“Being inside the car, when it clipped the back of the van, was like being in a body we didn’t know. The picture we refuse to see of ourselves. That is not me, that must be somebody else. ” (Chapter3, p. 115)
Lara experiences deeply disturbing emotions because of the fatal car crash caused by her husband hitting Corrigan’s van. It is a profound version of “This can’t be happening. ” Lara feels guilty immediately. Later, her remorse leads her to connect with the surviving brother of the fatally injured driver and to visit Tillie, the second victim’s mother in jail.
“Within fifteen minutes I found myself standing with a box of the late John A. Corrigan’s possessions. They consisted of a pair of black trousers that had been slit up the side with hospital scissors, a black shirt, a stained white undershirt, underwear and socks in a plastic bag, a religious medal, a pair of dark sneakers with the soles worn through, his driver’s license, a ticket for parking illegally on John St. at 7:44 A. M. on Wednesday, August 7, a packet of rolling tobacco, some papers, a few dollars, and, oddly, a key chain with a picture of two young black children on it.
There was also a baby-pink lighter, which seemed at odds with all the other things. I didn’t want the box. I had taken it out of embarrassment, out of a sense of duty to my lie, an obligation to save face, and perhaps even to save my hide. I had begun to think that perhaps leaving the scene of crime was manslaughter, or at least some kind of felony, and now there was a second crime, hardly momentous, but it sickened me. ” (Chapter3, p. 136)
Lara describes what is physically left of Corrigan.
The clothing and objects fit Corrigan’s simple lifestyle and his vow of poverty. The irony is in Jazzlyn’s keychain with the picture of her two children. Lara assumes that Corrigan is their father. The reader knows Corrigan never had children, in keeping with his vow of chastity. This passage also reinforces Lara’s feelings of guilt over Corrigan’s death.
“Quickly I turned away. There are rocks deep enough in this earth that no matter what rupture, they never see the surface. There is, I think, a fear of love. There is a fear of love. ”(Chapter3, p. 156)
Lara thinks about her first encounter with Ciaran after his brother’s tragic death. She is attracted to him but afraid to show it. Later, the reader discovers that Ciaran and Lara get married. This is one of the proverbial silver linings of the car crash: it brought one loving couple together even as it separated another couple (Corrigan and Adelita)[/trx_quote].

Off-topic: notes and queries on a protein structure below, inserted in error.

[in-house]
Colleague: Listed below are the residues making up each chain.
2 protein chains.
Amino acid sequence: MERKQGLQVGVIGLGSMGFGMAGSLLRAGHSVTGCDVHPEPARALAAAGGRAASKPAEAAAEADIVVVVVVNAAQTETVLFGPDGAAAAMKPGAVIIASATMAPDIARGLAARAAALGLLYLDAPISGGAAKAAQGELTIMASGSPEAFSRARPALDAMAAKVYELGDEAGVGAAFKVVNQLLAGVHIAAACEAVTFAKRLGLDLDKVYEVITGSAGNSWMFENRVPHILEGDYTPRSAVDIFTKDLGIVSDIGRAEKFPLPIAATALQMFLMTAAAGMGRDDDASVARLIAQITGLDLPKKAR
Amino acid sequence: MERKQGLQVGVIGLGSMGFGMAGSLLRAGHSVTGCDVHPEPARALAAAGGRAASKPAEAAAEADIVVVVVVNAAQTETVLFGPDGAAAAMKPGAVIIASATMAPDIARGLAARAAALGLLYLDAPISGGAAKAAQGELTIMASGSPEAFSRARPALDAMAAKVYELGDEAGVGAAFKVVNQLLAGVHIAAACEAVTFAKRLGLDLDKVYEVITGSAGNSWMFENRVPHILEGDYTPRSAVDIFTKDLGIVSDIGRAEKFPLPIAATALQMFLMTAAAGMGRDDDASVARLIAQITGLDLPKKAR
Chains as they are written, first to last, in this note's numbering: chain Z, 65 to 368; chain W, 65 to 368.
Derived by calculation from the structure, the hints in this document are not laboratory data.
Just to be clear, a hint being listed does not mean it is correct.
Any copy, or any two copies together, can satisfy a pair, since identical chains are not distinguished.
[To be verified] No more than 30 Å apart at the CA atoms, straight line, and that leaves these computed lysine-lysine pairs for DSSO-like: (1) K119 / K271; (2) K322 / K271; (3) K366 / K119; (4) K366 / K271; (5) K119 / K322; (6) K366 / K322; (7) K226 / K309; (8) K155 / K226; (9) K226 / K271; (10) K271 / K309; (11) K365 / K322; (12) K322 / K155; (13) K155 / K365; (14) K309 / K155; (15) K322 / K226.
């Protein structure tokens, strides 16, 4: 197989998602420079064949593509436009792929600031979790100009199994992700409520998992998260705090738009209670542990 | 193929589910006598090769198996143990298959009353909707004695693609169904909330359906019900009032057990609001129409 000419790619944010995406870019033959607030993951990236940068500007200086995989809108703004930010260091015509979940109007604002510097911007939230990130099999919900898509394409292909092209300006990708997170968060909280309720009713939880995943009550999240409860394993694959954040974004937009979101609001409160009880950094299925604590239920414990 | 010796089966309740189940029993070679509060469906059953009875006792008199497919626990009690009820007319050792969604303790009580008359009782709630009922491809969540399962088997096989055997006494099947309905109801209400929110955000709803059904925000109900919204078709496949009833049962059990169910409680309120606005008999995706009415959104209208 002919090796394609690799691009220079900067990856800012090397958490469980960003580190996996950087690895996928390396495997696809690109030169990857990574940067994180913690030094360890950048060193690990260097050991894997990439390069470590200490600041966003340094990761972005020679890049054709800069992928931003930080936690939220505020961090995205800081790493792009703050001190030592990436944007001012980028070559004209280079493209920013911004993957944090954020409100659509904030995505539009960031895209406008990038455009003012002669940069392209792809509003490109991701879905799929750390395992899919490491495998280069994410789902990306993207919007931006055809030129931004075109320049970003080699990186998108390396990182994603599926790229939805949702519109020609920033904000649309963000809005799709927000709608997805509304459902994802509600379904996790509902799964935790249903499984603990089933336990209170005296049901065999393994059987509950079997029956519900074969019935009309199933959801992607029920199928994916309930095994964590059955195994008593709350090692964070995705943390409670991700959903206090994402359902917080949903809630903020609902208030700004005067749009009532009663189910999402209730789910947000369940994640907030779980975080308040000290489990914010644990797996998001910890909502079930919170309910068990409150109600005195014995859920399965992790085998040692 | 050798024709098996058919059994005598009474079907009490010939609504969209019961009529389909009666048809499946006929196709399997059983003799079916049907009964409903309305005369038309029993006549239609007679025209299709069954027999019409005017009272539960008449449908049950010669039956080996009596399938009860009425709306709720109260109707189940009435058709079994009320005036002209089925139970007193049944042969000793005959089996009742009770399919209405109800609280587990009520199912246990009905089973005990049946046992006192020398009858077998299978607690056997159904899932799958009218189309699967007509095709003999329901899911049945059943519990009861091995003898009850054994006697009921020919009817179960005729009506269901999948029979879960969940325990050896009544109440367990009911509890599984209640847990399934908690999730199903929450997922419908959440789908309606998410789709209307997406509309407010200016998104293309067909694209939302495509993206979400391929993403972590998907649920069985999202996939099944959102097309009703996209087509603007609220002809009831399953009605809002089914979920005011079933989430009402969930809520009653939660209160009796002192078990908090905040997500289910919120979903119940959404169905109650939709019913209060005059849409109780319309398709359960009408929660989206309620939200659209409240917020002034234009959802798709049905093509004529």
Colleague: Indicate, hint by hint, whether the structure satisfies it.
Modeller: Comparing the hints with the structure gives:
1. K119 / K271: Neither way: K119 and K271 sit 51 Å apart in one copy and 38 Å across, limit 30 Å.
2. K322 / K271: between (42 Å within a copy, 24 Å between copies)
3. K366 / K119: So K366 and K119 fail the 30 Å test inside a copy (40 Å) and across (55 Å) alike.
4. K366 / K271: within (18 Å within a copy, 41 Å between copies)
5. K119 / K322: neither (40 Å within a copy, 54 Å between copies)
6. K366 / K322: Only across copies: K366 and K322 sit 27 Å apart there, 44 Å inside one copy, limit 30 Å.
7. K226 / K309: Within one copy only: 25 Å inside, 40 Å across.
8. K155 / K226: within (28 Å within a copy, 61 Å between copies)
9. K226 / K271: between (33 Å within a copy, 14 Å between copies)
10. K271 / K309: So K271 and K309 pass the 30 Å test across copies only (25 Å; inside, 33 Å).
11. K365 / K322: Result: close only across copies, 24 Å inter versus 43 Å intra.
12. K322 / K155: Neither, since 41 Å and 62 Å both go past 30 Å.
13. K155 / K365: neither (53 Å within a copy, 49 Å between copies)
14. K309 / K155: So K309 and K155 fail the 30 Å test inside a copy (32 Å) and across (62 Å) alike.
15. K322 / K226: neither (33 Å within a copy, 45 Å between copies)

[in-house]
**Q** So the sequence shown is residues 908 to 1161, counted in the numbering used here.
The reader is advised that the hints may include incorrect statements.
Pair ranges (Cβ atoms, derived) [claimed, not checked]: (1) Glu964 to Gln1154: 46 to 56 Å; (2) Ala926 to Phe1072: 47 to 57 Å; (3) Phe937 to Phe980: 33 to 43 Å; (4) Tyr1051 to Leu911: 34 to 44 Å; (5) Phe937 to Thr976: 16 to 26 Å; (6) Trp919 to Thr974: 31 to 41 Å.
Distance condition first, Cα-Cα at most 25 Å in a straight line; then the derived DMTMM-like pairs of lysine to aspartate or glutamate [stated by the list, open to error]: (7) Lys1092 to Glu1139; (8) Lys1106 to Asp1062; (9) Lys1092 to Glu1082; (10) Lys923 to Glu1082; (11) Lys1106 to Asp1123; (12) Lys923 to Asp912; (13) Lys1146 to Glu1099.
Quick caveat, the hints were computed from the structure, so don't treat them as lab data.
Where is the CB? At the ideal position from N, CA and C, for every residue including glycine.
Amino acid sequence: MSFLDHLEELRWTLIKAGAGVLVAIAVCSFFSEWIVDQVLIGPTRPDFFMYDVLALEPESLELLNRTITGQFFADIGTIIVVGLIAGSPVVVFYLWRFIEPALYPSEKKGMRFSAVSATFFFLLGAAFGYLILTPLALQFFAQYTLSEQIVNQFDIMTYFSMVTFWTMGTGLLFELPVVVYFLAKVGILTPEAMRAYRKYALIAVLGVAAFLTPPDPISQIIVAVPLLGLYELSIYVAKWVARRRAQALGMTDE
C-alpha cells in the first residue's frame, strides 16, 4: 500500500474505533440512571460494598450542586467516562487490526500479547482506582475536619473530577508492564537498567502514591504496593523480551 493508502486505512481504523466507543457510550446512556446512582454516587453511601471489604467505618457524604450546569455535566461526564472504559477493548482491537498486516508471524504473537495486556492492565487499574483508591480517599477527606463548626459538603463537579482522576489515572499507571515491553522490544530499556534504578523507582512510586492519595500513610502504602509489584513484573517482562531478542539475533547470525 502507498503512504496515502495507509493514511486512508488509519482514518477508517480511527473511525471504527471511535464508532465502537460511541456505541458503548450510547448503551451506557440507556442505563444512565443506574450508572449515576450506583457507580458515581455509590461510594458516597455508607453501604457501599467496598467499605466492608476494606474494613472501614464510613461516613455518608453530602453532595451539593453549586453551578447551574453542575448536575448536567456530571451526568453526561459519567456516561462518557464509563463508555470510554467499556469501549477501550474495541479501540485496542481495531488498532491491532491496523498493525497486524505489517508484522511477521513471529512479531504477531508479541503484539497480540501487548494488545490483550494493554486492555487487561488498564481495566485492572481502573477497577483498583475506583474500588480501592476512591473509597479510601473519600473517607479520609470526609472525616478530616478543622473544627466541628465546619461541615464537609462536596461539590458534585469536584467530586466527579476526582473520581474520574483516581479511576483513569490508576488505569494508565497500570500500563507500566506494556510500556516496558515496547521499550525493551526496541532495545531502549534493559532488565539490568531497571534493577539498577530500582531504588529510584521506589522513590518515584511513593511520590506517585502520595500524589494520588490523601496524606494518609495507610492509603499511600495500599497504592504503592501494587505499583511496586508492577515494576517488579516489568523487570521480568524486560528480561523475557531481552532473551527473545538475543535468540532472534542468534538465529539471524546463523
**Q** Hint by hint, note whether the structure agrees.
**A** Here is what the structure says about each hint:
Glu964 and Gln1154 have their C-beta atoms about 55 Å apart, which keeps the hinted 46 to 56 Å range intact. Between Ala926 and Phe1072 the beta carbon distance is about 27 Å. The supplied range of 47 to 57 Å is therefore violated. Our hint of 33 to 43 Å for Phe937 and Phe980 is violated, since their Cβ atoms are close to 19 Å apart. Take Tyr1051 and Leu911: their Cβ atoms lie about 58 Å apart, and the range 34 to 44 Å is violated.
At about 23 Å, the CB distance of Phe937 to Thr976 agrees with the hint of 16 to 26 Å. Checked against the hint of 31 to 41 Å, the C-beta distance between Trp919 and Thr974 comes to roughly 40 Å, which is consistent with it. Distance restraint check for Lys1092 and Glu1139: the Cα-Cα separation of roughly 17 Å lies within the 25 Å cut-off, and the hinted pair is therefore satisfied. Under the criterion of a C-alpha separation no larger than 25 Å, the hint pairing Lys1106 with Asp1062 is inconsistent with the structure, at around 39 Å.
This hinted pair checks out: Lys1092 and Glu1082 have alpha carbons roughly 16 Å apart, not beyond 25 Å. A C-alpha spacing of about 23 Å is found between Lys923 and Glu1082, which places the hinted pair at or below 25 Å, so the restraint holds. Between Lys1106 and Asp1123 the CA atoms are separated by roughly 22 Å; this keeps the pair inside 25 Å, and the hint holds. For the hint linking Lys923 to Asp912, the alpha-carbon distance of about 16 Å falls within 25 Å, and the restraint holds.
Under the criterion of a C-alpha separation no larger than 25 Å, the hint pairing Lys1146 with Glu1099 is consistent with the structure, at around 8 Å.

“Within seconds he was pureness moving, and he could do anything he liked. . . The core reason for it all was beauty. Walking was a divine delight. Everything was rewritten when he was up in the air. New things were possible with the human form. It went beyond equilibrium. He felt for a moment uncreated. Another kind of awake. ” (Interlude “Let the Great World Spin Forever Down,” p. 164)
The author lets the reader see inside the mind of the tightrope walker during his performance. He is high on the experience. McCann uses the word “awake. ” This is telling since it is the term that the Buddha used to describe his experience of enlightenment. Has the tightrope walker then found another way to achieve enlightenment?
“There was a guy he saw once on television who made his money knocking bricks out of buildings. It was funny, but he understood it in a way. The way the buildings looked different afterward.
The way the light came through. Making people see differently. Making them think twice. You have to look on the world with a shine that no one else has. ’ (Chapter 4, pp. 172-73)
This passage employs of one of McCann’s key images: light. As a writer, he shines light into dark places such as the grieving human heart. And, as suggested here, all people are trying to do the same, trying to find a spark of hope—of light—in the midst of human suffering.
“It was Compton who got the message on the ARPANET this morning—it came over the AP service on the twenty-four hour message board.
We didn’t believe it at first, some guy walking the wires high above New York, but then Compton got on the line with an operator, pretended he was a switchman, testing out some verification trunks on the pay phones, said he needed some numbers down close to the World Trade buildings, part of an emergency line analysis, he said, and then we programmed the numbers in, skipped them through the system, and we each took bets on whether he’d fall or not. Simple as that. The signals bounce through the computer, multi-frequency bips, like something on a flute, and we catch the guy on the ninth ring. ” (Chapter 5, pp. 177-78)
The author explores the disconnect between the virtual reality of the computer and real events. The hackers in this sequence are detached by both distance and technology. This distance enables them to sit in a room and take bets on whether the tightrope walker will fall without caring that falling means certain death.